Defaults, nudging you into a specific behavior if no active choice is taken, are popular in various fields like for instance organ donation or healthy food displays. Several electric utilities have now started to sell green electricity via default contracts. Such defaults are intended to increase the demand for more environmentally friendly electricity.

Furthermore, defaults are supposed to help individual consumers with positive preferences for green electricity to act according to their preferences without having to take the effort to actively make this decision. Hence, a green default may increase their welfare.
The Chair of Economics shows that the green electricity defaults cannot guarantee a match with individual preferences for electricity mixes. In an incentivized laboratory experiment preferences for electricity mixes are elicited. Subsequently, the study assesses whether preferences in the absence of default options match the preferences in the presence of default options. Hereby, two elements from existing electricity markets are considered: costly opt-out of contracts and green electricity certificates through which the production of green electricity is induced.
It turns out that there are price ranges for electricity in which individuals stick to green defaults although these individuals do not prefer green electricity over conventional or “grey” electricity (comprising fossil or nuclear energy). Low priced green electricity defaults, as currently applied in several electricity markets, do not match subjects’ preferences (see lower half of the figure: subjects choose significantly more green electricity in presence of a green default as opposed to an active choice). However, at higher prices for green electricity, green defaults match with preferences in a choice situation without a default (see upper half of the figure: subjects choose similar amounts of green electricity in a choice situation with a green default and an active choice). Obviously, higher prices for green electricity incentivize people to take an additional effort to act according to their preferences.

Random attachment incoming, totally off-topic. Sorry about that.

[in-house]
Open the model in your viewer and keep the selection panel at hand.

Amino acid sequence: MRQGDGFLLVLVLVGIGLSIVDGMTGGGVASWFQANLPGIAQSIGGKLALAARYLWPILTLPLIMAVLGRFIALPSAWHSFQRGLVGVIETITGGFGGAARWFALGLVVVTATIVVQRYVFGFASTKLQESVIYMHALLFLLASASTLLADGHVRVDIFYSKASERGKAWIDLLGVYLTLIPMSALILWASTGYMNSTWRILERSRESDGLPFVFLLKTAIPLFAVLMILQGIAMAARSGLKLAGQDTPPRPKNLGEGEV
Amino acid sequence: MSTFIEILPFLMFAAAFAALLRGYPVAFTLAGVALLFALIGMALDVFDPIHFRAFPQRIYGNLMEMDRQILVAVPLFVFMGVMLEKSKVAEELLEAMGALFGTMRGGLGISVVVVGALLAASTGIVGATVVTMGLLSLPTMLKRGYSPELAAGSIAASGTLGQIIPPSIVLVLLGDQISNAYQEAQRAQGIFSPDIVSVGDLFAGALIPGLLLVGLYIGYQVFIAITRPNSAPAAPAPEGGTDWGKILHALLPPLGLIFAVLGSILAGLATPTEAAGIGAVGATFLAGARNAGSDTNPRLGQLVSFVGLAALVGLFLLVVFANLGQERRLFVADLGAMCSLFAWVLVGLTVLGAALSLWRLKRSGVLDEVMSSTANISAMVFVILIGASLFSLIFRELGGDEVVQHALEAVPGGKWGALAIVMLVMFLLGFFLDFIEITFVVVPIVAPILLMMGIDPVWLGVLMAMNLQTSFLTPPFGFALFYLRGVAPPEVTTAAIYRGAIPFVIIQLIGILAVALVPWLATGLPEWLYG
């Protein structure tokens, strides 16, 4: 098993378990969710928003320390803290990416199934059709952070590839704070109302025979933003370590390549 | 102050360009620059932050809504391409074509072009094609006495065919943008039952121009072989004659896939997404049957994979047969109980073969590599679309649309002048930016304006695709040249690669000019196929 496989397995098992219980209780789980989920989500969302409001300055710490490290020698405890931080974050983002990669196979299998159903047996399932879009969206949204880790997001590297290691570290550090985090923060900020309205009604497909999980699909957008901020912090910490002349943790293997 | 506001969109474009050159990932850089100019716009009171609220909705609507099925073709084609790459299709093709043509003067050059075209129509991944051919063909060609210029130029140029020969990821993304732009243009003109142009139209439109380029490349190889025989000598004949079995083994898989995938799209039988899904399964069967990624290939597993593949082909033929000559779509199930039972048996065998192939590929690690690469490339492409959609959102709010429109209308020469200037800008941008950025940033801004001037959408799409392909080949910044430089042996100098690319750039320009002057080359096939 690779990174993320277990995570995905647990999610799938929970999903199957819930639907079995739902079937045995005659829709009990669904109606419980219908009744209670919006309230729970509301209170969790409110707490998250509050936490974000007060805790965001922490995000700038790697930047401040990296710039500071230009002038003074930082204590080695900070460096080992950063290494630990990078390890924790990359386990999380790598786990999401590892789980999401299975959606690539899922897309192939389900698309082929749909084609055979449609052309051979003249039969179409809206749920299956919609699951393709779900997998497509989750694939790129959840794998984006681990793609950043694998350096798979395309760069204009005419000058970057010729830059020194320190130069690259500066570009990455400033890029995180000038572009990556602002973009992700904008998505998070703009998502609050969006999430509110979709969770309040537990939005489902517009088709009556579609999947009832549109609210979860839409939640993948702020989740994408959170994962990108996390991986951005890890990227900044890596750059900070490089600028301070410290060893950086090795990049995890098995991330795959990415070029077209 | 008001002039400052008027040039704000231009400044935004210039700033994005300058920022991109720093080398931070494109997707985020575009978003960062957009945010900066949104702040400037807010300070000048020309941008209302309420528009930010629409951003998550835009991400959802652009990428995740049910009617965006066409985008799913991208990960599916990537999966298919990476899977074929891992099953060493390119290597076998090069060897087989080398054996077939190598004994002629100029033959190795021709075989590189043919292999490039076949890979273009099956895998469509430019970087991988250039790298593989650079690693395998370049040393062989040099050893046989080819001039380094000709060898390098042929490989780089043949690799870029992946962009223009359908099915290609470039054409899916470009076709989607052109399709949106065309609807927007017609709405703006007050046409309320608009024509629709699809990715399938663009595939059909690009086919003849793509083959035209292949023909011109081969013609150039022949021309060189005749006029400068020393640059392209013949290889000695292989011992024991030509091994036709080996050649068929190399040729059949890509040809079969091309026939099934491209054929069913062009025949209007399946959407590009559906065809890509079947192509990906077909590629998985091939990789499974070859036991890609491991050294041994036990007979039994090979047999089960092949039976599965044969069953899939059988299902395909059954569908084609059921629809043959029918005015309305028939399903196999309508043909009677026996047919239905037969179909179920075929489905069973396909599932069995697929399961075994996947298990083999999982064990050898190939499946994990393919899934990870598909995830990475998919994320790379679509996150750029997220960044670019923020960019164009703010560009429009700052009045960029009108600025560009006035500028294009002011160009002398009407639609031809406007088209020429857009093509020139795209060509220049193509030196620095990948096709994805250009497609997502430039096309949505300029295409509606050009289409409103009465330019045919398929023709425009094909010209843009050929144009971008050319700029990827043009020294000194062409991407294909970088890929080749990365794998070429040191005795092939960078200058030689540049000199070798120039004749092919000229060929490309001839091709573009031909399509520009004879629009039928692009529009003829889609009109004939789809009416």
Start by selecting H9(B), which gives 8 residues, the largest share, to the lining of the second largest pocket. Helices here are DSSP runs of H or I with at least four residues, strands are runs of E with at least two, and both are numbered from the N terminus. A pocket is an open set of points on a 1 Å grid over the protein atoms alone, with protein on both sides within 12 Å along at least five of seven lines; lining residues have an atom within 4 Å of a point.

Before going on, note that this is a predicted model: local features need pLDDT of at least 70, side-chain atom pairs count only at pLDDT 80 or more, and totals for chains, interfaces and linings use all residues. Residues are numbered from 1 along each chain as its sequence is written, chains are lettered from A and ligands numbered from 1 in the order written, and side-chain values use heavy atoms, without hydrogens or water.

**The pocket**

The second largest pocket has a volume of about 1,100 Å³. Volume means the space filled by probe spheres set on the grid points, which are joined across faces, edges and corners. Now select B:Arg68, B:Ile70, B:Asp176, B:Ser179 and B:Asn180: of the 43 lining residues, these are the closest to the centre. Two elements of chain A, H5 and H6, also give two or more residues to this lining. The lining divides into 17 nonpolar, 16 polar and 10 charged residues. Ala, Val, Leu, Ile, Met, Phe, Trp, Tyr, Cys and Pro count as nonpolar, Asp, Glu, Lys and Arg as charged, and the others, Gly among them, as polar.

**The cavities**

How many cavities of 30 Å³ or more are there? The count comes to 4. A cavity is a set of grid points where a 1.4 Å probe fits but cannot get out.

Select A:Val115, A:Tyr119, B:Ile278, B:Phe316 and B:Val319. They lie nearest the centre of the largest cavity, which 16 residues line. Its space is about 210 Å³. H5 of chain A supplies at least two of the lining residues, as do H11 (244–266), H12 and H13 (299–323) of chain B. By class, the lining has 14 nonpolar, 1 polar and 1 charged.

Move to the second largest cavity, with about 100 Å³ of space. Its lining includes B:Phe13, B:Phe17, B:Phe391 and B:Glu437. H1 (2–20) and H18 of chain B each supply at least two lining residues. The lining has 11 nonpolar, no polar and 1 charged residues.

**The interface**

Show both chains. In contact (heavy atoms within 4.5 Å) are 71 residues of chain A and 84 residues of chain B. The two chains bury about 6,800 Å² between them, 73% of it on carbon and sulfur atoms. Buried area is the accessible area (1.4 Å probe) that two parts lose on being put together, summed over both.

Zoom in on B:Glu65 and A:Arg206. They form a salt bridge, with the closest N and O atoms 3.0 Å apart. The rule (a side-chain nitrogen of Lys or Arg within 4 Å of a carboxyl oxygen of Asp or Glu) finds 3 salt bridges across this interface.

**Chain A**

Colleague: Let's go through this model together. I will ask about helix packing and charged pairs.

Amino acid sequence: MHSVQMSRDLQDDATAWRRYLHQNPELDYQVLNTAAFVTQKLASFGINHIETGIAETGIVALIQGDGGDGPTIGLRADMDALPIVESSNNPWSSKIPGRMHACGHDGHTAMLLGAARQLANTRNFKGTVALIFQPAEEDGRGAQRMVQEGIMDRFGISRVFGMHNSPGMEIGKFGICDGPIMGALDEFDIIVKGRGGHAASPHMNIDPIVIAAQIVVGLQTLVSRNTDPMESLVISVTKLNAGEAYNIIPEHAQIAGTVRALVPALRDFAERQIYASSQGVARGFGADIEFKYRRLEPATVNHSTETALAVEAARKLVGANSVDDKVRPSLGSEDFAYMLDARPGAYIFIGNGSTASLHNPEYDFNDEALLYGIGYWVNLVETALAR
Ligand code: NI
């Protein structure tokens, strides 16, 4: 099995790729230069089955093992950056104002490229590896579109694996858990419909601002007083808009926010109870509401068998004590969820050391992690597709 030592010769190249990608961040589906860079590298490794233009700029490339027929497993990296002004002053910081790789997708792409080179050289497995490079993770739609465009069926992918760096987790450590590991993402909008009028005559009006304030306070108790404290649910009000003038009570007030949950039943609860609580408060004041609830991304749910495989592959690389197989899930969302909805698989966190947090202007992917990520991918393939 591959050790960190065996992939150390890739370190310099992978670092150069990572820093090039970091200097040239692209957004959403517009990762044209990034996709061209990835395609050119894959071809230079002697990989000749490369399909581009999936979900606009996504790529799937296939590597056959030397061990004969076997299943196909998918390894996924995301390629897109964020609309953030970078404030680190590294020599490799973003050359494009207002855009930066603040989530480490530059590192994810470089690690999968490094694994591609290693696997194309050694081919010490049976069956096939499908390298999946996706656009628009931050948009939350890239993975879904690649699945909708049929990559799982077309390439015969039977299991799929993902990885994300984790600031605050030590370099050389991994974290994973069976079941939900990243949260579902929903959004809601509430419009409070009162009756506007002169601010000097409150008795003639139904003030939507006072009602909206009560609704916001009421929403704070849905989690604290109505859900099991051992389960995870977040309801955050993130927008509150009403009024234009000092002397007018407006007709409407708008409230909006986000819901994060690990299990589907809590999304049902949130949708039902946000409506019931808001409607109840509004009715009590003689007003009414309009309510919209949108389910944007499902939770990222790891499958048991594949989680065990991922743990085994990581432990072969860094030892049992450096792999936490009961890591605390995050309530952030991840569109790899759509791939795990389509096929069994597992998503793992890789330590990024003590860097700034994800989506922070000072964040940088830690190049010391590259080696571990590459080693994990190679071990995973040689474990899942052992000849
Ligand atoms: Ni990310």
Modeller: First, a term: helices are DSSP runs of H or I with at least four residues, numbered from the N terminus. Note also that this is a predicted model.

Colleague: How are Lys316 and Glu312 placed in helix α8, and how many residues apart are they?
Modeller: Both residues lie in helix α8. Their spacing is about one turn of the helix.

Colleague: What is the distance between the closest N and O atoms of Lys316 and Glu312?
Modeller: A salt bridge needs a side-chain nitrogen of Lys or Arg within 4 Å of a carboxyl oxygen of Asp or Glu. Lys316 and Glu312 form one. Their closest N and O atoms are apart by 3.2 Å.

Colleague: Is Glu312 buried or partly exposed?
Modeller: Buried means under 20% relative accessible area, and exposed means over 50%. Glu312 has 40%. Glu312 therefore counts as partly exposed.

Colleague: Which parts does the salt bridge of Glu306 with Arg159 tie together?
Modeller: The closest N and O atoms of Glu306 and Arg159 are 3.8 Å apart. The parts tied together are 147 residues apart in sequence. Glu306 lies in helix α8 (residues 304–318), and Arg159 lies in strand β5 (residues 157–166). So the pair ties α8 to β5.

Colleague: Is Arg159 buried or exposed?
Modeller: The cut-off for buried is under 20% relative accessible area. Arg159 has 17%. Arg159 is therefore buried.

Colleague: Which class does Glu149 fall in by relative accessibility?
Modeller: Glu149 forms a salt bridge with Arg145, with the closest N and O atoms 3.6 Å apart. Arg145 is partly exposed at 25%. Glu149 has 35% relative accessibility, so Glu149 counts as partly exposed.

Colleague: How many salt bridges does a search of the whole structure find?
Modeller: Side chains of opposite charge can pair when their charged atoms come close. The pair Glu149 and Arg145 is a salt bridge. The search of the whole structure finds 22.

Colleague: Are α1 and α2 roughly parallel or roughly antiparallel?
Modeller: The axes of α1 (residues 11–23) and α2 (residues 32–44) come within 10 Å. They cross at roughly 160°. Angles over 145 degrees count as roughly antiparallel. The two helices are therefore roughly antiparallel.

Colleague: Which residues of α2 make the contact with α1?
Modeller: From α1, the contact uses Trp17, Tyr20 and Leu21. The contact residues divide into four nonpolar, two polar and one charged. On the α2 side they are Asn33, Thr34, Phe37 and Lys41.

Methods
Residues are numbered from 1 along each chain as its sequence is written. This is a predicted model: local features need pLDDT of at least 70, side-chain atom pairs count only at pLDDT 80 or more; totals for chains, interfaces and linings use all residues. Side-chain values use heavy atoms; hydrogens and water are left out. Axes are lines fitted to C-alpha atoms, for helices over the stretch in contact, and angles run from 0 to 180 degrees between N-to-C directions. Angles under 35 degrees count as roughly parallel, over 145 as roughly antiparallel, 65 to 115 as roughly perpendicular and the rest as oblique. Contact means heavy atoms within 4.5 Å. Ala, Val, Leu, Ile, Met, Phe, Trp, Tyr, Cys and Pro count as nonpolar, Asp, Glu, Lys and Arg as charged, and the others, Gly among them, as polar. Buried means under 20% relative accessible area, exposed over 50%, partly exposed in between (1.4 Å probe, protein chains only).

Our findings are relevant for the design of green electricity defaults. The often assumed implicitness that defaults always bring along a win-win situation, i.e. an increase of the public good and a match in preferences, has to be put into question.

Mean demand for green electricity (abscissa) assessed at low and high price premia for green electricity (ordinate). Low price premia correspond to up to additional 3 Swiss Rappen per kWh compared to a conventional contract. High price premia correspond to up to additional 20 Swiss Rappen per kWh. ACTIVE CHOICE denotes a choice situation without default. GREY and GREEN DEFAULT are choice situations with a conventional or green electricity default respectively.

This research is supported by the Swiss Federal Office of Energy (SFOE) under the research program `Energy – Economy – Society (EES)’. A working paper version can be found on the Social Science Research Network

The ESC member involved in this project is Prof. Renate Schubert. The research and teaching activities of the Chair of Economics focus on explanations of individuals’ and groups’ behavior towards energy and the natural environment, on impacts of this behavior as well as on recommendations for welfare-increasing interventions.